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Technological change and inequality in the very long run

Jakob Madsen () and Holger Strulik ()

No 392, Center for European, Governance and Economic Development Research Discussion Papers from University of Goettingen, Department of Economics

Abstract: In this paper we investigate the impact of technological change on inequalityin the presence of a landed elite using a standard unified growth model. We measure inequality by the ratio between land rent and wages and show that, before the onset of the fertility transition, technological progress increased inequality directly through land-biased technological change and indirectly through increasing population growth. Thefertility transition and the child quantity-quality trade-off eventually disabled the Malthusian mechanism, and technological progress triggered education and benefited workers. If the elasticity of substitution between land and labor is sufficiently high, the rent-wage ratio declines such that inequality is hump-shaped in the very long run. We use the publication of new farming book titles as a measure of technological progress in agriculture, and provide evidence for technology-driven inequality in Britain between 1525 and 1895. We confirm these results for a panel of European countries over the period 1265-1850 using agricultural productivity as a measure of technology. Finally, using patents in the period 1800-1980, we find a technology-driven inequality reversal around the onset of the fertility transition.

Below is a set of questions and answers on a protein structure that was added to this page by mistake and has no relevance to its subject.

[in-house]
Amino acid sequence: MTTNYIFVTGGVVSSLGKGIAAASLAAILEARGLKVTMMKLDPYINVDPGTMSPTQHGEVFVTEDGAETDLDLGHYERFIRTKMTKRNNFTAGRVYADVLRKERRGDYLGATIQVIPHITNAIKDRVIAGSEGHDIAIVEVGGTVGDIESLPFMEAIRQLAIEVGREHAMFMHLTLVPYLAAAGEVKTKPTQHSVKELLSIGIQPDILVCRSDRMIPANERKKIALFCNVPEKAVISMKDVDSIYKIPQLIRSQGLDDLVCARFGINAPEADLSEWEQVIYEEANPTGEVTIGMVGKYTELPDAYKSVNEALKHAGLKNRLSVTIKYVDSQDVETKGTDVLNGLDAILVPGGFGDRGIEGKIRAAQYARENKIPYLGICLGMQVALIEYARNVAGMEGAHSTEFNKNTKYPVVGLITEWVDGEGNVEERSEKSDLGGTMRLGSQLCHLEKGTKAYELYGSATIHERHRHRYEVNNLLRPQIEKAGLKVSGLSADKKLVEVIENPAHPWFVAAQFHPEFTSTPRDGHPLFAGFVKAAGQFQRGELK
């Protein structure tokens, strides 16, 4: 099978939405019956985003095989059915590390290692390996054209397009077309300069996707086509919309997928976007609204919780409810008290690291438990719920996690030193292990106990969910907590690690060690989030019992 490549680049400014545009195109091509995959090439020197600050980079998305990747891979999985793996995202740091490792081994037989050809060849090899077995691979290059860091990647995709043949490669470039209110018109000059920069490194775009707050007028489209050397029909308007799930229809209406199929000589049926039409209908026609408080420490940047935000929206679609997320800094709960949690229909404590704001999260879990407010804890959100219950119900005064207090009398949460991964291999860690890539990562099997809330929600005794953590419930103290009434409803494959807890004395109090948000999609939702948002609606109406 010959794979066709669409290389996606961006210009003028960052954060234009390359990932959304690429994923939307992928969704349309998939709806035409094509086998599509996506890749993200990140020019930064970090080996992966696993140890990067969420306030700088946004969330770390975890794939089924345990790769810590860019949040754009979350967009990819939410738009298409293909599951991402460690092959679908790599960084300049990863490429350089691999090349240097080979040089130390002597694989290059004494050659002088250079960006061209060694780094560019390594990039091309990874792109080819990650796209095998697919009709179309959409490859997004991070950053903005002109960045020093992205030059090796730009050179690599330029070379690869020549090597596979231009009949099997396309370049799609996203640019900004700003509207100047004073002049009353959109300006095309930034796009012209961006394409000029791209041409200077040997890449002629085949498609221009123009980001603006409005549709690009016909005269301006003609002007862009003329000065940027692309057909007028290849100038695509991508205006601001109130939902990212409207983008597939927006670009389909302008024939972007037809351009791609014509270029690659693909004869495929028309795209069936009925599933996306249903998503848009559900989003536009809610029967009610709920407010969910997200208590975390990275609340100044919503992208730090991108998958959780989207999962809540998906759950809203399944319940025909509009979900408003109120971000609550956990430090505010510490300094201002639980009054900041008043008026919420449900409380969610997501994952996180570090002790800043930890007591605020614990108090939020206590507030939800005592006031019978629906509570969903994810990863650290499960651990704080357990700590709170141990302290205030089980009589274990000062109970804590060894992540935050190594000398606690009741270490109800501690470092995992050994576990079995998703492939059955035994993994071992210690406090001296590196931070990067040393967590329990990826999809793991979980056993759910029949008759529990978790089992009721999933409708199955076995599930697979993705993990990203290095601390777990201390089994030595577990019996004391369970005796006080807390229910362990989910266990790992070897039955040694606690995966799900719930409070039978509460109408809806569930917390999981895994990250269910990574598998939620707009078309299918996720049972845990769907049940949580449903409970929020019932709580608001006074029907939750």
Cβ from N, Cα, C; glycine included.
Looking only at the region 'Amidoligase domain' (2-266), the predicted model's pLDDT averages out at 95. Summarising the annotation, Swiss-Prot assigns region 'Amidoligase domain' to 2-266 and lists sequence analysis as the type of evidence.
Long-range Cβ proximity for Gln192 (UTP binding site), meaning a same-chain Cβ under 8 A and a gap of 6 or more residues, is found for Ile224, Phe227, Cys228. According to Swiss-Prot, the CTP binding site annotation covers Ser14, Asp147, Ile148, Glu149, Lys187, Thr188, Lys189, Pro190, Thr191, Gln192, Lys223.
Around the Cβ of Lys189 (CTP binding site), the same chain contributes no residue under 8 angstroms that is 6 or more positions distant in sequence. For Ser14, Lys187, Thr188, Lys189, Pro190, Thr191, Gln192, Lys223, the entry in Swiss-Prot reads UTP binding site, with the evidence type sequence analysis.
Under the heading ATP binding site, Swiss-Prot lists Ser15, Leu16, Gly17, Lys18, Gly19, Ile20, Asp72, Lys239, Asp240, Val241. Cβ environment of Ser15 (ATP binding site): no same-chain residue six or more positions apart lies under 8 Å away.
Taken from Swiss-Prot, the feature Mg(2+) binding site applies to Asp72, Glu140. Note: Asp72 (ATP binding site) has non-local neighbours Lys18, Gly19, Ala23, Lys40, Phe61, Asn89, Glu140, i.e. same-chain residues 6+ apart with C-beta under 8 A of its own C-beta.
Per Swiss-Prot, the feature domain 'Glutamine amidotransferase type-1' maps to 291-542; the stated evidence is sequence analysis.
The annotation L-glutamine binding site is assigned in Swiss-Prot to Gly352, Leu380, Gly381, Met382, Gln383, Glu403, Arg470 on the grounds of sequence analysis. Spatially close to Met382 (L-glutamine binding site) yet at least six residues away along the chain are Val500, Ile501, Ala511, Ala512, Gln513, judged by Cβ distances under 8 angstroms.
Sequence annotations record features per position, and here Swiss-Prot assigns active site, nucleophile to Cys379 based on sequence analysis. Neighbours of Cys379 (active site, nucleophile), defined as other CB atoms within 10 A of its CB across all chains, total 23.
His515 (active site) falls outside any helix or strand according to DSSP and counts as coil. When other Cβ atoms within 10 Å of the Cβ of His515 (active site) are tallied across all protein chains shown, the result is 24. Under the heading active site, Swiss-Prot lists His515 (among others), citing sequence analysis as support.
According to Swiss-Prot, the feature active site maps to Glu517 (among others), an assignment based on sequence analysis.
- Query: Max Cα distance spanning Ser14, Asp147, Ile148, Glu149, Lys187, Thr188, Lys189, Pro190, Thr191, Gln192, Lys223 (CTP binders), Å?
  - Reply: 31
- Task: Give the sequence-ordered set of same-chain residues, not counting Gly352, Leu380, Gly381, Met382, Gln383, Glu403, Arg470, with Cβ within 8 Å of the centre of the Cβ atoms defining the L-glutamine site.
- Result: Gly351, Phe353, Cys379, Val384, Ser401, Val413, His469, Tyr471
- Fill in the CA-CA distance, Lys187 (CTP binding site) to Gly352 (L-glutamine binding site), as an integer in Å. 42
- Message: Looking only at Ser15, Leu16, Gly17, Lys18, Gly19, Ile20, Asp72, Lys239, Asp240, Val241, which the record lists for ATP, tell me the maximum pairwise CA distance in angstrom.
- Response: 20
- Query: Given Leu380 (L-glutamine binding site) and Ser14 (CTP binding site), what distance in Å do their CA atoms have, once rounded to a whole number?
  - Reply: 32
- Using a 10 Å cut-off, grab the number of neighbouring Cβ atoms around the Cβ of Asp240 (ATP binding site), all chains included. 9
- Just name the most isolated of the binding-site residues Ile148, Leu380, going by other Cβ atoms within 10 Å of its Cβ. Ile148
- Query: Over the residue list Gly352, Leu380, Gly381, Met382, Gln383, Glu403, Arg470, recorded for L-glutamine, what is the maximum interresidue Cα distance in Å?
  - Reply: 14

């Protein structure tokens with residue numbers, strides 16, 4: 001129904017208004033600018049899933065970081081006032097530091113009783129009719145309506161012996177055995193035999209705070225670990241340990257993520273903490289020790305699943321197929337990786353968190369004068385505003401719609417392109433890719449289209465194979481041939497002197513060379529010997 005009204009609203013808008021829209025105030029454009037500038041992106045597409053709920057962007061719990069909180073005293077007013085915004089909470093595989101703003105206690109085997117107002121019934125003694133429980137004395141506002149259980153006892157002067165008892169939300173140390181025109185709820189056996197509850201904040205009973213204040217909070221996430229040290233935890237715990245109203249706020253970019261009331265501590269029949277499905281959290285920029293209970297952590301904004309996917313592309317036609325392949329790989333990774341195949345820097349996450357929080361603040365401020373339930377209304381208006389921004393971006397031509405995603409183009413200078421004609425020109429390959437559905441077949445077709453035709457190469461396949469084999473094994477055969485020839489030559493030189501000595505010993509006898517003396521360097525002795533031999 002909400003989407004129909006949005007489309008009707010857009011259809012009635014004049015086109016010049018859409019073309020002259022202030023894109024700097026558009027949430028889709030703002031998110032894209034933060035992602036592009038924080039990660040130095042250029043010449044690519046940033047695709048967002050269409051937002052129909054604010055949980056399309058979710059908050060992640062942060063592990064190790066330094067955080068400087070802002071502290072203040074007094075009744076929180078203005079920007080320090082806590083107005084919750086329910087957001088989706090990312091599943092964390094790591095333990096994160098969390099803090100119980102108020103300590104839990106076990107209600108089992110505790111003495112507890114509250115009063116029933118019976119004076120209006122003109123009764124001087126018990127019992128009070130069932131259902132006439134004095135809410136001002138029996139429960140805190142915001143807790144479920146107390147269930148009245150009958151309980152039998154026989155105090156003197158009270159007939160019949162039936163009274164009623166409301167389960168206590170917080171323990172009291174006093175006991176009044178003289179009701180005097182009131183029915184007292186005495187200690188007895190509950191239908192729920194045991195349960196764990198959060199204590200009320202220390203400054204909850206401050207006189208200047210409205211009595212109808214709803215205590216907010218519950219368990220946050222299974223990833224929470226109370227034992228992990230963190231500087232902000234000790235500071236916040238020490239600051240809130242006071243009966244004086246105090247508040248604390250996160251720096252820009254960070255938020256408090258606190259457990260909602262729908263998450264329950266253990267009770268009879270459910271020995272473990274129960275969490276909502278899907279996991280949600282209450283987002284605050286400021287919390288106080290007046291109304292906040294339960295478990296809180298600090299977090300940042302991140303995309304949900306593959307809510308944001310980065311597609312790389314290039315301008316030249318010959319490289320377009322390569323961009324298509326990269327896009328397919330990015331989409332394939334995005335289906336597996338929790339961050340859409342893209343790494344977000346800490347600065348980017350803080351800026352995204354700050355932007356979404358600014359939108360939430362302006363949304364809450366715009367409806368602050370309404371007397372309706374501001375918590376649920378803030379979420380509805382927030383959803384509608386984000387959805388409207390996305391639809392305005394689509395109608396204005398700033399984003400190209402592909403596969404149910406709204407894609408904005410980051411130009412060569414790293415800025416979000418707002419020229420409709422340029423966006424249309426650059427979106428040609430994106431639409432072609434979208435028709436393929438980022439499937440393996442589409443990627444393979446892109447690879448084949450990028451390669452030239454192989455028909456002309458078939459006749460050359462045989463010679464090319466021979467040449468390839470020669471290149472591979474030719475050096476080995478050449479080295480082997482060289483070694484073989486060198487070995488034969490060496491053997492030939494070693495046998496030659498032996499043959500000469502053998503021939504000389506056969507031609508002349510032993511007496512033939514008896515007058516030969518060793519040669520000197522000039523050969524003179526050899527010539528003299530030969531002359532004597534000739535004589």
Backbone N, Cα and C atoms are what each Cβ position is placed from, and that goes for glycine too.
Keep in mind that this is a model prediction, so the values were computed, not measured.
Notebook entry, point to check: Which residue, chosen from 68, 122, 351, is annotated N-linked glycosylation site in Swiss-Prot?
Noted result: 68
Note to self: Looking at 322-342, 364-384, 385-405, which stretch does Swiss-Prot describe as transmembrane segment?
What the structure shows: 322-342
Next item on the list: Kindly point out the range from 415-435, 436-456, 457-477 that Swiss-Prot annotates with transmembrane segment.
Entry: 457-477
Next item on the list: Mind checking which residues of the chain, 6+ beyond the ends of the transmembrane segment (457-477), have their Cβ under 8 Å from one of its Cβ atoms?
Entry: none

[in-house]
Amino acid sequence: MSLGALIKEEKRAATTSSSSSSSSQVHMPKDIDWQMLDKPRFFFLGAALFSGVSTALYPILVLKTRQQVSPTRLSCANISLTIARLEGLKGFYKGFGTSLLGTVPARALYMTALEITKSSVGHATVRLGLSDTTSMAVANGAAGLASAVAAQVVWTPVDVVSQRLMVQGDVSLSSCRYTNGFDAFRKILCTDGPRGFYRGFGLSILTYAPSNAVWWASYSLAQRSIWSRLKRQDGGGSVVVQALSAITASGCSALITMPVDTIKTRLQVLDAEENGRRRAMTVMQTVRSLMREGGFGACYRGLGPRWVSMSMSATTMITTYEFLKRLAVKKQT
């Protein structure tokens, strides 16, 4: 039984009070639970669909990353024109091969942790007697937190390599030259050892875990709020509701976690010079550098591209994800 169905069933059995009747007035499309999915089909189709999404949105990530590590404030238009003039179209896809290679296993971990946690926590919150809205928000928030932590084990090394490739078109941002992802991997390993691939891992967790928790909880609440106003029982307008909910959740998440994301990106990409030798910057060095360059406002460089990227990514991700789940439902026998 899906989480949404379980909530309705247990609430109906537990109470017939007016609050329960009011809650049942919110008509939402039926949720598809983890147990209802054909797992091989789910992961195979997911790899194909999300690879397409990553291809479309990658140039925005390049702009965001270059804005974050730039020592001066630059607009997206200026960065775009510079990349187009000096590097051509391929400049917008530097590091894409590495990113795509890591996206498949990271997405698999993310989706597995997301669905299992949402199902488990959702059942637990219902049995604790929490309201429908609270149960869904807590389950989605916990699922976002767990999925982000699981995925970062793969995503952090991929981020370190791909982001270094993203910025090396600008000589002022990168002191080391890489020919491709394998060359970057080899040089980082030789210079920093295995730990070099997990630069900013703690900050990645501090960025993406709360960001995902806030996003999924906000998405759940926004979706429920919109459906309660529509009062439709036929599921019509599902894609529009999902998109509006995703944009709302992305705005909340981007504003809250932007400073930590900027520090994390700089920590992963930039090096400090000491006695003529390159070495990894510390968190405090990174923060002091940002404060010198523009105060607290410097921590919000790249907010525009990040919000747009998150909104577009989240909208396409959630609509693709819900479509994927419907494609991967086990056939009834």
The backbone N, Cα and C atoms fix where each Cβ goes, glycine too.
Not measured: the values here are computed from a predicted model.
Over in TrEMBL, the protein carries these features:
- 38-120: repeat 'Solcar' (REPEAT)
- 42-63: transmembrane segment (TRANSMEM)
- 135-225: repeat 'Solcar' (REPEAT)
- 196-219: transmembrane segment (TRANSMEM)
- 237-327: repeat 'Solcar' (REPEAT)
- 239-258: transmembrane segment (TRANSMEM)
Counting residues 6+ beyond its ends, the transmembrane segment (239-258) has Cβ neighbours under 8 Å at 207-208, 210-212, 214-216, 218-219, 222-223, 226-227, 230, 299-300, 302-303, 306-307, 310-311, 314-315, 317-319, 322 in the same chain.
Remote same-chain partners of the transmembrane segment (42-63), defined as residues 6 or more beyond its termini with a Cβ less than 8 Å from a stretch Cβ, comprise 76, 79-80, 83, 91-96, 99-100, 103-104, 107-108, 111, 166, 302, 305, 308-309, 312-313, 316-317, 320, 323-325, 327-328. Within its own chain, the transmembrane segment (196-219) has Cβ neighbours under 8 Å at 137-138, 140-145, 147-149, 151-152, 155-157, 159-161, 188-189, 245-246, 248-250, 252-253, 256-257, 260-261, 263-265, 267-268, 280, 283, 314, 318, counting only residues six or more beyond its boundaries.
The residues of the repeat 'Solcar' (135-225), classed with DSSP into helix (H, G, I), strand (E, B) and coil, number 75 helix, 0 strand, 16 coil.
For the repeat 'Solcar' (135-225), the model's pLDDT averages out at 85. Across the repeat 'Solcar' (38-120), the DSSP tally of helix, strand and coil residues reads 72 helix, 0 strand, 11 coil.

Keywords: nequality; Malthus; Unified Growth Theory; Agriculture; Human Capital (search for similar items in EconPapers)
JEL-codes: O40 O30 N30 N50 J10 I25 (search for similar items in EconPapers)
Date: 2020
New Economics Papers: this item is included in nep-agr, nep-gro, nep-his, nep-ino and nep-lab
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